Make one-of-a-kind art!

You can bake marbled cake and produce marbled stone, but did you know you can also create marbled paper?

Marbled paper, known as ebru in Turkish, was used extensively in bookbinding and on calligraphy panels during the Ottoman Empire.

The origin of this fun art form may have originated in China. Evidence from the Tang Dynasty (618-907 CE) mentions a process of colouring paper on water with five pigments. The traditional Turkish technique involves piping dyes mixed with ox-gall into a trough lined with a bath and kitre (gum tragacanth). After this, a piece of paper is carefully transferred onto the bath, and the floating picture on top of it is readily transferred to the paper. This makes each ebru a one-of-a-kind print.

Experiment with a simpler and easier version of paper marbling with us these school holidays.

Transnational Advocacy Space and Place, 2013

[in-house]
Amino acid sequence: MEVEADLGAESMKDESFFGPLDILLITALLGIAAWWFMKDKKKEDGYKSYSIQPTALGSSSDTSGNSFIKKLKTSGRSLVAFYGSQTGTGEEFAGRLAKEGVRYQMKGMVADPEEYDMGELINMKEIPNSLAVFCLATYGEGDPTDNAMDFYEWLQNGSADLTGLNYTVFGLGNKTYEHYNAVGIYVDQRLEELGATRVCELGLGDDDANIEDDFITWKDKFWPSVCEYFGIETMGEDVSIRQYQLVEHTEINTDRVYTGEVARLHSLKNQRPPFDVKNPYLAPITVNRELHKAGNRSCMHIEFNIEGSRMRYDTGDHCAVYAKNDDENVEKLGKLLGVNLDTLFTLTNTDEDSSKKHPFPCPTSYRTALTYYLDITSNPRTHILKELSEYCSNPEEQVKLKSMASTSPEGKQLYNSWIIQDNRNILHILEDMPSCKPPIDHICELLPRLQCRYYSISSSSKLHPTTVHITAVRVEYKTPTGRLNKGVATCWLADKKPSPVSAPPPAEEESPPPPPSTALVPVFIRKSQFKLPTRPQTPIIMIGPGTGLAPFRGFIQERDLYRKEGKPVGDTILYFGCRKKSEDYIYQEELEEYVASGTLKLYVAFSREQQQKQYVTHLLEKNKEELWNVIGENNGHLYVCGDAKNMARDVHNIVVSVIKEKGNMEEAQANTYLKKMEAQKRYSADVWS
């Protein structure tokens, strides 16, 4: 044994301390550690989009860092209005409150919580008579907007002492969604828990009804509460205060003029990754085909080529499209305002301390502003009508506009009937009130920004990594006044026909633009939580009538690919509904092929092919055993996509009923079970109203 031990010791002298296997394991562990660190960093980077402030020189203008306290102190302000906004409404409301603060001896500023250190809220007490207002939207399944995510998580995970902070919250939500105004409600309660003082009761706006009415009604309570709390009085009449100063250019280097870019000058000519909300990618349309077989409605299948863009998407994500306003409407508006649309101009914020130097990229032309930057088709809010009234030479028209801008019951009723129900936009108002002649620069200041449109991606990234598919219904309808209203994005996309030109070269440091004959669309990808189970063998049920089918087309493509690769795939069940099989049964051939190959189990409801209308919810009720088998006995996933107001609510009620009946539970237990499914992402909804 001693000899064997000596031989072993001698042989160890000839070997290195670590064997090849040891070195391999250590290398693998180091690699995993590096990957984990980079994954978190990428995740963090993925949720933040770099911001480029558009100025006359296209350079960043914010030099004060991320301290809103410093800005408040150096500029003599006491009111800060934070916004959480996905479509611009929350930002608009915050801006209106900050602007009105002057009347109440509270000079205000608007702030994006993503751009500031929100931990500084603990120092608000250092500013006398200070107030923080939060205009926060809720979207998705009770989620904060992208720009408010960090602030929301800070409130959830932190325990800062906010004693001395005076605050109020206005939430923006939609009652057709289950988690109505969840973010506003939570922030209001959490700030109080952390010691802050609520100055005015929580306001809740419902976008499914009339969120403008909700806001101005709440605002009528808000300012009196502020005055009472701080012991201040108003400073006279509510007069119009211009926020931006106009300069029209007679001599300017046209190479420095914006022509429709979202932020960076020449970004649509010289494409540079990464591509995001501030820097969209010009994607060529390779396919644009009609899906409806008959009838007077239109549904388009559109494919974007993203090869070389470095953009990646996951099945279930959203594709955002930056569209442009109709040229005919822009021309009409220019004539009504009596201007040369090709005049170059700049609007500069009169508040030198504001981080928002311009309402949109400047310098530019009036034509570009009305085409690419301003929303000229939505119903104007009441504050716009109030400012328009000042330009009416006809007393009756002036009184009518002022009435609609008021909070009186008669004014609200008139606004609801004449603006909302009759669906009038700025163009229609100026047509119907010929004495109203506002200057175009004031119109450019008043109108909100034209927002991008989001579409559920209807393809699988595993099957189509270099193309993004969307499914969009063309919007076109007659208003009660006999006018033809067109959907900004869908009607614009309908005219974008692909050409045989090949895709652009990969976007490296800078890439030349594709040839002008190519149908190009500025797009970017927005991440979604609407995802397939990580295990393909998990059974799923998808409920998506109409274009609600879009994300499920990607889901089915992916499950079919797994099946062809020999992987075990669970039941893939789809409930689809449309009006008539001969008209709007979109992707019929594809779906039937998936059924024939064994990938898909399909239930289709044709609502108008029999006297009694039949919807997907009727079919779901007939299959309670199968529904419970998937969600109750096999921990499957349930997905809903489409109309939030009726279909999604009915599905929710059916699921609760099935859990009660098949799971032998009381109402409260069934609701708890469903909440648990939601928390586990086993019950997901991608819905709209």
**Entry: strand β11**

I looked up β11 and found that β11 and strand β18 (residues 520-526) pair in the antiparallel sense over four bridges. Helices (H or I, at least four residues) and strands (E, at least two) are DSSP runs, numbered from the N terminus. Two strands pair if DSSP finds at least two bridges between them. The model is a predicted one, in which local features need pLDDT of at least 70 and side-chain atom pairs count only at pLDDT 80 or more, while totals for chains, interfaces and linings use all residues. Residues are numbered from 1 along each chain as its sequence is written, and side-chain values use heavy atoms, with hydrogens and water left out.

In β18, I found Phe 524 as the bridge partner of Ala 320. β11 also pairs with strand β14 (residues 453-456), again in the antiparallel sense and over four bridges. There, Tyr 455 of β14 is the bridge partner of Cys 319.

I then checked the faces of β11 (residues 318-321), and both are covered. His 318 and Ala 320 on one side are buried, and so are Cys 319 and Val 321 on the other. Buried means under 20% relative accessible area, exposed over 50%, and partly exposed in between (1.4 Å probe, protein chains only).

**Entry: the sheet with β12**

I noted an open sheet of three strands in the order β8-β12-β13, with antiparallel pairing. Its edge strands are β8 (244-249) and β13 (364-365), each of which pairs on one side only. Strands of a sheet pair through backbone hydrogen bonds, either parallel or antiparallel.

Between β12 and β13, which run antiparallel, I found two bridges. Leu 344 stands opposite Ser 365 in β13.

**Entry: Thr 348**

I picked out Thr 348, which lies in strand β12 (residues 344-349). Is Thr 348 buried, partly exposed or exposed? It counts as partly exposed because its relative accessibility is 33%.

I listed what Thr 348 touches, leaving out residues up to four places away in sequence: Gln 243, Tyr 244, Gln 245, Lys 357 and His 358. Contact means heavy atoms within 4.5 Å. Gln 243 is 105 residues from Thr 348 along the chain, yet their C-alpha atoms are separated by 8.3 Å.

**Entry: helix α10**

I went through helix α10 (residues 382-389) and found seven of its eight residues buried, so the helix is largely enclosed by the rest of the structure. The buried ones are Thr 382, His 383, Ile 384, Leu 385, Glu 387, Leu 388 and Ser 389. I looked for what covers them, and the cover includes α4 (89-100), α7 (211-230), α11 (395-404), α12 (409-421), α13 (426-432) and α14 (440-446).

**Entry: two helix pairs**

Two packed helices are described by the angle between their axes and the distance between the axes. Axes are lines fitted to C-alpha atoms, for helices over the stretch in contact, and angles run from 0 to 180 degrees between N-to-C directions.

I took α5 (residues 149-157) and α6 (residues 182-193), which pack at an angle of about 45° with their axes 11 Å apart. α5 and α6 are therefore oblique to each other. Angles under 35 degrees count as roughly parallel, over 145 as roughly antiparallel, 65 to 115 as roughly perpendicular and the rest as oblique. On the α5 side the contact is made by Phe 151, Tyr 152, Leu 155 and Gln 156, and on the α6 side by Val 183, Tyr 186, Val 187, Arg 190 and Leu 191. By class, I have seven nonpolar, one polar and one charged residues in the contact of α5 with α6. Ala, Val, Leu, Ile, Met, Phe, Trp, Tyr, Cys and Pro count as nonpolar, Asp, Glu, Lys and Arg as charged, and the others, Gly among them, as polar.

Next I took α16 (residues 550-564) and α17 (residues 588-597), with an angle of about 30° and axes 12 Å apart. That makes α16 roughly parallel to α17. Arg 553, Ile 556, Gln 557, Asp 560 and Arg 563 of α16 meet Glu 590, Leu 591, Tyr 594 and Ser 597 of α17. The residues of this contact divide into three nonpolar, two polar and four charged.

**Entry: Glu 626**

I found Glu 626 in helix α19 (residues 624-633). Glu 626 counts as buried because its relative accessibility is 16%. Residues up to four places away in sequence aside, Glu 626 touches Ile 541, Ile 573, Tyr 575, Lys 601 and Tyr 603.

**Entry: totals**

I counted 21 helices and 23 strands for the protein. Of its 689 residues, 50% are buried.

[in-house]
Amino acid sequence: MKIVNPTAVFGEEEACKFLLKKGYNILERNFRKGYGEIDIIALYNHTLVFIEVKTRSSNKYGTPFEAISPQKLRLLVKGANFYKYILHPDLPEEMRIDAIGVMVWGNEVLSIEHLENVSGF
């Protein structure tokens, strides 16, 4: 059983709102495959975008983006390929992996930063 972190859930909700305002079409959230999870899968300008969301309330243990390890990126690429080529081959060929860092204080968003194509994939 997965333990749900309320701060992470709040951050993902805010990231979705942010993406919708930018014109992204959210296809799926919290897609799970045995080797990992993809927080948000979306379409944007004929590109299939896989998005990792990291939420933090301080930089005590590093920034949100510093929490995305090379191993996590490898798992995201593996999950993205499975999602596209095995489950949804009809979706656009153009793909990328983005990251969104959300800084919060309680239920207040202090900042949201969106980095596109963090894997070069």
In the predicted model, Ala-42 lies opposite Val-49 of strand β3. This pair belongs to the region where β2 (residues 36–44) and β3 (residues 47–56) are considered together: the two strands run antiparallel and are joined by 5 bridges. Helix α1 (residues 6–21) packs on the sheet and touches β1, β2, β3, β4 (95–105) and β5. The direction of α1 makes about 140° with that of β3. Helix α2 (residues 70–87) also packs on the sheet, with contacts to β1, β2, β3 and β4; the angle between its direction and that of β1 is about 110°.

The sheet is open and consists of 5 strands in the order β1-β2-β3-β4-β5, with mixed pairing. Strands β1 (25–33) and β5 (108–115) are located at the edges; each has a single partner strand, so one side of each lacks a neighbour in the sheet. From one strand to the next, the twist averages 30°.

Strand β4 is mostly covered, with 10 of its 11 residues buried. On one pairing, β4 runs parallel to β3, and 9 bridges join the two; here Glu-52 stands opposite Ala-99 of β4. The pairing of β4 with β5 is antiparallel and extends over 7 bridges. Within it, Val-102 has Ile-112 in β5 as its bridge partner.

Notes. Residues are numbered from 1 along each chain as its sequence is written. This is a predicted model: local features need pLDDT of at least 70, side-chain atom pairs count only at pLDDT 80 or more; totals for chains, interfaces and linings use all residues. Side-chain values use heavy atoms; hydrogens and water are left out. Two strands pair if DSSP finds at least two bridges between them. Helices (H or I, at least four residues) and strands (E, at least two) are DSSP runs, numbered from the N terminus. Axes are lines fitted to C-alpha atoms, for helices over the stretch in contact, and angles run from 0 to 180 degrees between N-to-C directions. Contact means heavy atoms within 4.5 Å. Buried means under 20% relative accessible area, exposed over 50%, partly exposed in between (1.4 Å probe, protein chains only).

Check out this painting by Mohamed Abuemis in our Islamic Art Gallery. In this painting, Mohamed has used a spatula to spread and scrape paint across the canvas. Underneath this top layer of paint, you’ll find a second composition of the Melbourne cityscape peeking through. In our Ebru Stationery workshop, we’ll be scraping foam and paint off paper to reveal our unique, one-of-a-kind artworks!

Each participant will get to produce five sheets of marbled paper to take home. They can be used for drawing, writing, gift wrapping, book covering, and more.

Please note this workshop is held in Adelaide, South Australia at the Al Salam Community Centre.


This workshop is presented in partnership with ISSA - Islamic Society of South Australia.



Check out more of our upcoming events here.